ketch


From The Collaborative International Dictionary of English v.0.48:

Ketch \Ketch\ (k[e^]ch), n. [Prob. corrupted fr. Turk.
   q[=a][imac]q : cf. F. caiche. Cf. Ca["i]que.] (Naut.)
   1. An almost obsolete form of sailing vessel, with a mainmast
      and a mizzenmast, -- usually from one hundred to two
      hundred and fifty tons burden.
      [1913 Webster]

   2. (Naut.) In modern usage, a sailing vessel having two
      masts, with the main mast taller than the aftermost, or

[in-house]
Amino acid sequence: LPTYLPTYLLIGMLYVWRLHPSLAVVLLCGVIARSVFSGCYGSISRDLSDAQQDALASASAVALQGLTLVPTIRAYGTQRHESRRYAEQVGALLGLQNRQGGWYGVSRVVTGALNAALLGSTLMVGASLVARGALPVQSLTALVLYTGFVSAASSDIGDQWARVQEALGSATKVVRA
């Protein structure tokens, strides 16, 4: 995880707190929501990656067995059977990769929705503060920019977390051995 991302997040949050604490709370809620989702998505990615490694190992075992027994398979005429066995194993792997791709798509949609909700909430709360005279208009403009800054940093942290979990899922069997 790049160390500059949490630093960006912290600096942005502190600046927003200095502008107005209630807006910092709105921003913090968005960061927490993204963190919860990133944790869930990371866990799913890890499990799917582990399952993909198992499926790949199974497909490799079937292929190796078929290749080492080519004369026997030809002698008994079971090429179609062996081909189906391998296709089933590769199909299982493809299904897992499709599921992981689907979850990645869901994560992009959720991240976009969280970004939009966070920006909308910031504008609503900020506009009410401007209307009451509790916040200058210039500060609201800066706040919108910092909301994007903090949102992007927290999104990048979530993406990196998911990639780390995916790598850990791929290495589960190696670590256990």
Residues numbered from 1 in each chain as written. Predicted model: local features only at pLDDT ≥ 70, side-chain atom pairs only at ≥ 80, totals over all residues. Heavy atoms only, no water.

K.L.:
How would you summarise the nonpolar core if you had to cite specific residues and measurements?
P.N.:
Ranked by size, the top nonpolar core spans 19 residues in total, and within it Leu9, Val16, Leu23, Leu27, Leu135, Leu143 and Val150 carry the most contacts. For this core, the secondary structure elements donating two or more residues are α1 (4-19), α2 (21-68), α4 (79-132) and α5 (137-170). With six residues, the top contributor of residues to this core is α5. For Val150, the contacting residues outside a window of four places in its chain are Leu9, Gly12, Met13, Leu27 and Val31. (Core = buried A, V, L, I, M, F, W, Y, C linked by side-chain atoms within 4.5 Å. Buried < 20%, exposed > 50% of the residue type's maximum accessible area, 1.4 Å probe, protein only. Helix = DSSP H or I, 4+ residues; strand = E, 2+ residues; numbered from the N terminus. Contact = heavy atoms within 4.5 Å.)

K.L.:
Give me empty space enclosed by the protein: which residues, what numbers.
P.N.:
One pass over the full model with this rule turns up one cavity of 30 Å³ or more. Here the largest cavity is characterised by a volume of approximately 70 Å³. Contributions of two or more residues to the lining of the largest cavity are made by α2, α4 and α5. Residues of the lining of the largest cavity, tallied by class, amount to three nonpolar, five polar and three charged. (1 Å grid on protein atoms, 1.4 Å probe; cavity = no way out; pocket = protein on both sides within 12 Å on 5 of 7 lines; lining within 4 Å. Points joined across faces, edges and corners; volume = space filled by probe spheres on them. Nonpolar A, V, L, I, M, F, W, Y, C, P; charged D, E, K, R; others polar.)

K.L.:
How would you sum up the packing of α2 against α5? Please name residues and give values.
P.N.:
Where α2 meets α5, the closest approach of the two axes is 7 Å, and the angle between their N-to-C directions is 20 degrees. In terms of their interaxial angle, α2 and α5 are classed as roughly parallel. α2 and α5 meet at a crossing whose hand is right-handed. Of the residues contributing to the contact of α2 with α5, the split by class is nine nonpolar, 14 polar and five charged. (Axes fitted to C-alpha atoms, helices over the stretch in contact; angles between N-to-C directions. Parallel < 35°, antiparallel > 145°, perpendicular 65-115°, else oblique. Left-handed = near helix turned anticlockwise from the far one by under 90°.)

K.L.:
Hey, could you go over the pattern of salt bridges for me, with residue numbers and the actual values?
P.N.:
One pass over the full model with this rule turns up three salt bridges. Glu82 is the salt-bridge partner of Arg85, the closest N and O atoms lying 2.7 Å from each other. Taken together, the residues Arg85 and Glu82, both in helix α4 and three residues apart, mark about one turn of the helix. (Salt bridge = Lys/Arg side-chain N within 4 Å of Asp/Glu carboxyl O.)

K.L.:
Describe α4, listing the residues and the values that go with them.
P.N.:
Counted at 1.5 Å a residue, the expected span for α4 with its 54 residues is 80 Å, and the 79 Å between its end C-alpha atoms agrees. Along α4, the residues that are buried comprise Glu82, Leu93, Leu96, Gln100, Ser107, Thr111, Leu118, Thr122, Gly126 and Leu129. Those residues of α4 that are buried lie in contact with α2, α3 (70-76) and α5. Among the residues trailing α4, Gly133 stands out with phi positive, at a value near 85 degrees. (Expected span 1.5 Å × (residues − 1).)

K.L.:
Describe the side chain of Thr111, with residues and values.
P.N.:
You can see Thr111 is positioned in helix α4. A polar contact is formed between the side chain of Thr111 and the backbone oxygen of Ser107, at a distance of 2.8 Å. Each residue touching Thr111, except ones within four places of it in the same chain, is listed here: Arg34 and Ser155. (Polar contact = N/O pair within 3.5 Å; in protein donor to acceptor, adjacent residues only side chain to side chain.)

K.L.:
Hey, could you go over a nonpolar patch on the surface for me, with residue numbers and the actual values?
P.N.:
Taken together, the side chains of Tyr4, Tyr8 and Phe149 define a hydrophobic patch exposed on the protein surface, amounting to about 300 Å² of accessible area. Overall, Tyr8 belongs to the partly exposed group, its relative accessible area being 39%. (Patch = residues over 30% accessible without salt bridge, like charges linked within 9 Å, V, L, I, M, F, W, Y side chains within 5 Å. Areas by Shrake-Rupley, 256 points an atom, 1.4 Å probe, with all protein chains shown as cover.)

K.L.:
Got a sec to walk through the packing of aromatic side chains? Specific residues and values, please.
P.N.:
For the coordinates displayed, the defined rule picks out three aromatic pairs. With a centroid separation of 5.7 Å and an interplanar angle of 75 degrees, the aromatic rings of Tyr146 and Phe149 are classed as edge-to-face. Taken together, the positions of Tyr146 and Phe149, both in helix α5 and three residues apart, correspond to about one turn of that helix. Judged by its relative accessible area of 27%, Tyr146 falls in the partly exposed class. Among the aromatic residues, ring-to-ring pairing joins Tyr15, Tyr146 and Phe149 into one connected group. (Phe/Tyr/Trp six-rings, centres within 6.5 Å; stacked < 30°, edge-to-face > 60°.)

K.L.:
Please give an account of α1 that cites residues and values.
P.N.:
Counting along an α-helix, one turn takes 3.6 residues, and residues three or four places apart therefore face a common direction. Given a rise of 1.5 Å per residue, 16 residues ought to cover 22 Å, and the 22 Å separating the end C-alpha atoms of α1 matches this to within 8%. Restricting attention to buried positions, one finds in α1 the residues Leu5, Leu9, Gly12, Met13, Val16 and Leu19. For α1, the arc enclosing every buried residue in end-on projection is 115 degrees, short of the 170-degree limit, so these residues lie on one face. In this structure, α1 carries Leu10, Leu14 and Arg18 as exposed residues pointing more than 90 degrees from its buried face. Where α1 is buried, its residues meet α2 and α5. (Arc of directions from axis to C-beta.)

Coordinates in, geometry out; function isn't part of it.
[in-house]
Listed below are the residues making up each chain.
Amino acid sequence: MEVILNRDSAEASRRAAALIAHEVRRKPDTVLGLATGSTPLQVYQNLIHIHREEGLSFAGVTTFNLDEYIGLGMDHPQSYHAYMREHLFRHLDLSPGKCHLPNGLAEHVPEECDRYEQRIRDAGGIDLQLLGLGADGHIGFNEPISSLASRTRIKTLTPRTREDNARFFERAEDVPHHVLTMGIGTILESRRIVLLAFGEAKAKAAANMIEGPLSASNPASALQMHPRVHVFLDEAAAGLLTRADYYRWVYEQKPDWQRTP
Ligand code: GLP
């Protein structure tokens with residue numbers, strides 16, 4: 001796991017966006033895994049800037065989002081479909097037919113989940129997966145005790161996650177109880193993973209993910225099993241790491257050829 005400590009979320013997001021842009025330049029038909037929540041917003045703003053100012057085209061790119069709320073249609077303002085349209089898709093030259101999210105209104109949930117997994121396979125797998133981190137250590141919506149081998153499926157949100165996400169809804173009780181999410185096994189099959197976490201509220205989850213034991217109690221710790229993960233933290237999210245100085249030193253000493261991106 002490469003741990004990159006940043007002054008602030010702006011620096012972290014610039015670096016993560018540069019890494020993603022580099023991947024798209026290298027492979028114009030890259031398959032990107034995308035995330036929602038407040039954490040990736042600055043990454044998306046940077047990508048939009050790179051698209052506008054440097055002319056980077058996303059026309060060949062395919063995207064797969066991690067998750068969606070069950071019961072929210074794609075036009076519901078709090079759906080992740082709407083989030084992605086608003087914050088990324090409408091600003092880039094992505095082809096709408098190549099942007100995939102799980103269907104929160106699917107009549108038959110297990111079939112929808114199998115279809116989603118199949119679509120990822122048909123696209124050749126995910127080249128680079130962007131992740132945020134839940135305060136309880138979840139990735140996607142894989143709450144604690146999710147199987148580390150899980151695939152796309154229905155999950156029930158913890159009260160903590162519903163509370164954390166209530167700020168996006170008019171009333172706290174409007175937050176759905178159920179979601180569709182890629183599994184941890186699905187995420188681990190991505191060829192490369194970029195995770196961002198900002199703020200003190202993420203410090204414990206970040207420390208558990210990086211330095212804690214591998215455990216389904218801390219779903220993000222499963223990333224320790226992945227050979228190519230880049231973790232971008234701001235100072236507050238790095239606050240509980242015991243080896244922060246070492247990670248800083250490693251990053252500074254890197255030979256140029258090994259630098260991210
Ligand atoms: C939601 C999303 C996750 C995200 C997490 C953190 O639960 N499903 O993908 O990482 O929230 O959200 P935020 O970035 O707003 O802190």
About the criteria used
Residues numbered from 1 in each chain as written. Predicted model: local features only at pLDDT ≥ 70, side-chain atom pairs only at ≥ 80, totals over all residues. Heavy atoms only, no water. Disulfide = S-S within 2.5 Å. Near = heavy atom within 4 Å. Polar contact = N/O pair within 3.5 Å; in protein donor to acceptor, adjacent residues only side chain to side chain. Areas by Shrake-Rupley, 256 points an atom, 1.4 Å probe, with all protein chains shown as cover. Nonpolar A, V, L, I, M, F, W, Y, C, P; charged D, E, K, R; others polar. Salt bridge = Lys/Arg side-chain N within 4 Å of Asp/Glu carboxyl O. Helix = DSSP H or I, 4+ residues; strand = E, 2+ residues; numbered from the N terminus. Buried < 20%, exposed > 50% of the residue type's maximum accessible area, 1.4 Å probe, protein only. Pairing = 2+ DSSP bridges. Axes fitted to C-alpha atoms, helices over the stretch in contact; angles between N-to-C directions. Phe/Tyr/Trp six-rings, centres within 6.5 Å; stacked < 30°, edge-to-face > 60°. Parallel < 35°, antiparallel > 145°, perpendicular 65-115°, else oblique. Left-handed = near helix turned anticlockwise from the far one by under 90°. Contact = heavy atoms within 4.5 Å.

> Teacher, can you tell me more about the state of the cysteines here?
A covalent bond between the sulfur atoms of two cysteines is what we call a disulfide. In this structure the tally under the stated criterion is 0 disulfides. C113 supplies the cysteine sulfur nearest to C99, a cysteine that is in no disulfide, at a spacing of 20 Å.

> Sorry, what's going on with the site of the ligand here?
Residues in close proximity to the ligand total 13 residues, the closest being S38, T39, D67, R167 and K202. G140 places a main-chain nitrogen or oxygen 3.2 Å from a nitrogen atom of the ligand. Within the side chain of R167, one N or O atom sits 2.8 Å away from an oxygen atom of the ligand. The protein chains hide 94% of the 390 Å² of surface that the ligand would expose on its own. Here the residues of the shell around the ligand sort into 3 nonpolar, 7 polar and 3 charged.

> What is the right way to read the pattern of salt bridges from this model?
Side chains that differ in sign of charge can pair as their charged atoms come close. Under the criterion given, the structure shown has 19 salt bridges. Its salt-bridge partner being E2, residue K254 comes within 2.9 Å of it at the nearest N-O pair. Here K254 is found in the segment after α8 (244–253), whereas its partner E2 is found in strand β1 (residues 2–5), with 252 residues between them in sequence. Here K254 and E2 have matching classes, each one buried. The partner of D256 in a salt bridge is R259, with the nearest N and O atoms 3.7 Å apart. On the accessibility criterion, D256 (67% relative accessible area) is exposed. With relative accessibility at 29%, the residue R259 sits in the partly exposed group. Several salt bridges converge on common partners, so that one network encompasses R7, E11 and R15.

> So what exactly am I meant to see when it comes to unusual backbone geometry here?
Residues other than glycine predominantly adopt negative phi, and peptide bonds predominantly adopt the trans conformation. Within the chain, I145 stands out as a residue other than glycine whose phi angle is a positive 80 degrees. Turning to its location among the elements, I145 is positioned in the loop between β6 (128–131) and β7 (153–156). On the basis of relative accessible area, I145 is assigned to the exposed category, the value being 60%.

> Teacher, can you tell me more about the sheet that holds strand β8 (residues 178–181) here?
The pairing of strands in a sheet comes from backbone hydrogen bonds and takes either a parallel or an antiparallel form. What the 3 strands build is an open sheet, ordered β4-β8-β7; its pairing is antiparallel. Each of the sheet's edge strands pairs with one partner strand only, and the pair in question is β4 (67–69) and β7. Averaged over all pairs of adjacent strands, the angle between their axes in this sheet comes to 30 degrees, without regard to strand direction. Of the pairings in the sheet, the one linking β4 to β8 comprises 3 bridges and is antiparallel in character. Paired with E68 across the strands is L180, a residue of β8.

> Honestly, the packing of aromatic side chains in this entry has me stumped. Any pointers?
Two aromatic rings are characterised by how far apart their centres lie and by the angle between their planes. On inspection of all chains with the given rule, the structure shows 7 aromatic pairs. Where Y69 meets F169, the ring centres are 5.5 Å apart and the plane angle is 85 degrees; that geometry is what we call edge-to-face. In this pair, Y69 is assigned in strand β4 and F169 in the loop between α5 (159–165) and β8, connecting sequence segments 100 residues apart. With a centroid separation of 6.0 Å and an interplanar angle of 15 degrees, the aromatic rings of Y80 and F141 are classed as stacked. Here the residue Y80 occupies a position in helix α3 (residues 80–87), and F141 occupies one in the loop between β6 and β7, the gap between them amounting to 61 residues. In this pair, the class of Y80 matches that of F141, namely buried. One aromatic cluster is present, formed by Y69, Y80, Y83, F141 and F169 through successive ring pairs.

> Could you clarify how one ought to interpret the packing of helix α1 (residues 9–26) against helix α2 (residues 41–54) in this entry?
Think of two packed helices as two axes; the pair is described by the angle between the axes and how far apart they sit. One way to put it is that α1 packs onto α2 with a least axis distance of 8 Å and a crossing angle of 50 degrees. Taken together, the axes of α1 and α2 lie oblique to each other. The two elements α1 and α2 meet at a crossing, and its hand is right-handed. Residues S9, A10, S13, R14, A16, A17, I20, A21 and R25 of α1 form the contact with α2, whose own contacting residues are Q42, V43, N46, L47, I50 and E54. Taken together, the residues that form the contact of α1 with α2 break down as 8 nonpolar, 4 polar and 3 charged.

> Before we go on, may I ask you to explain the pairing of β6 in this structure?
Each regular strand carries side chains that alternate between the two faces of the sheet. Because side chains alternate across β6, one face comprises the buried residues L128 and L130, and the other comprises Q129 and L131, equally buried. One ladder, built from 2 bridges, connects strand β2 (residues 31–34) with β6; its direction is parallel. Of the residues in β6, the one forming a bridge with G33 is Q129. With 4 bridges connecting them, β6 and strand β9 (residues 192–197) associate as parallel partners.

mizzen, mast.
      [RDH]

   Bomb ketch. See under Bomb.
      [1913 Webster]
.

From The Collaborative International Dictionary of English v.0.48:

Ketch \Ketch\, n.
   A hangman. See Jack Ketch.
   [1913 Webster]
.

From The Collaborative International Dictionary of English v.0.48:

Ketch \Ketch\, v. t. [See Catch.]
   To catch. [Now obs. in spelling, and colloq. in
   pronunciation.]
   [1913 Webster]

         To ketch him at a vantage in his snares. --Spenser.
   [1913 Webster]
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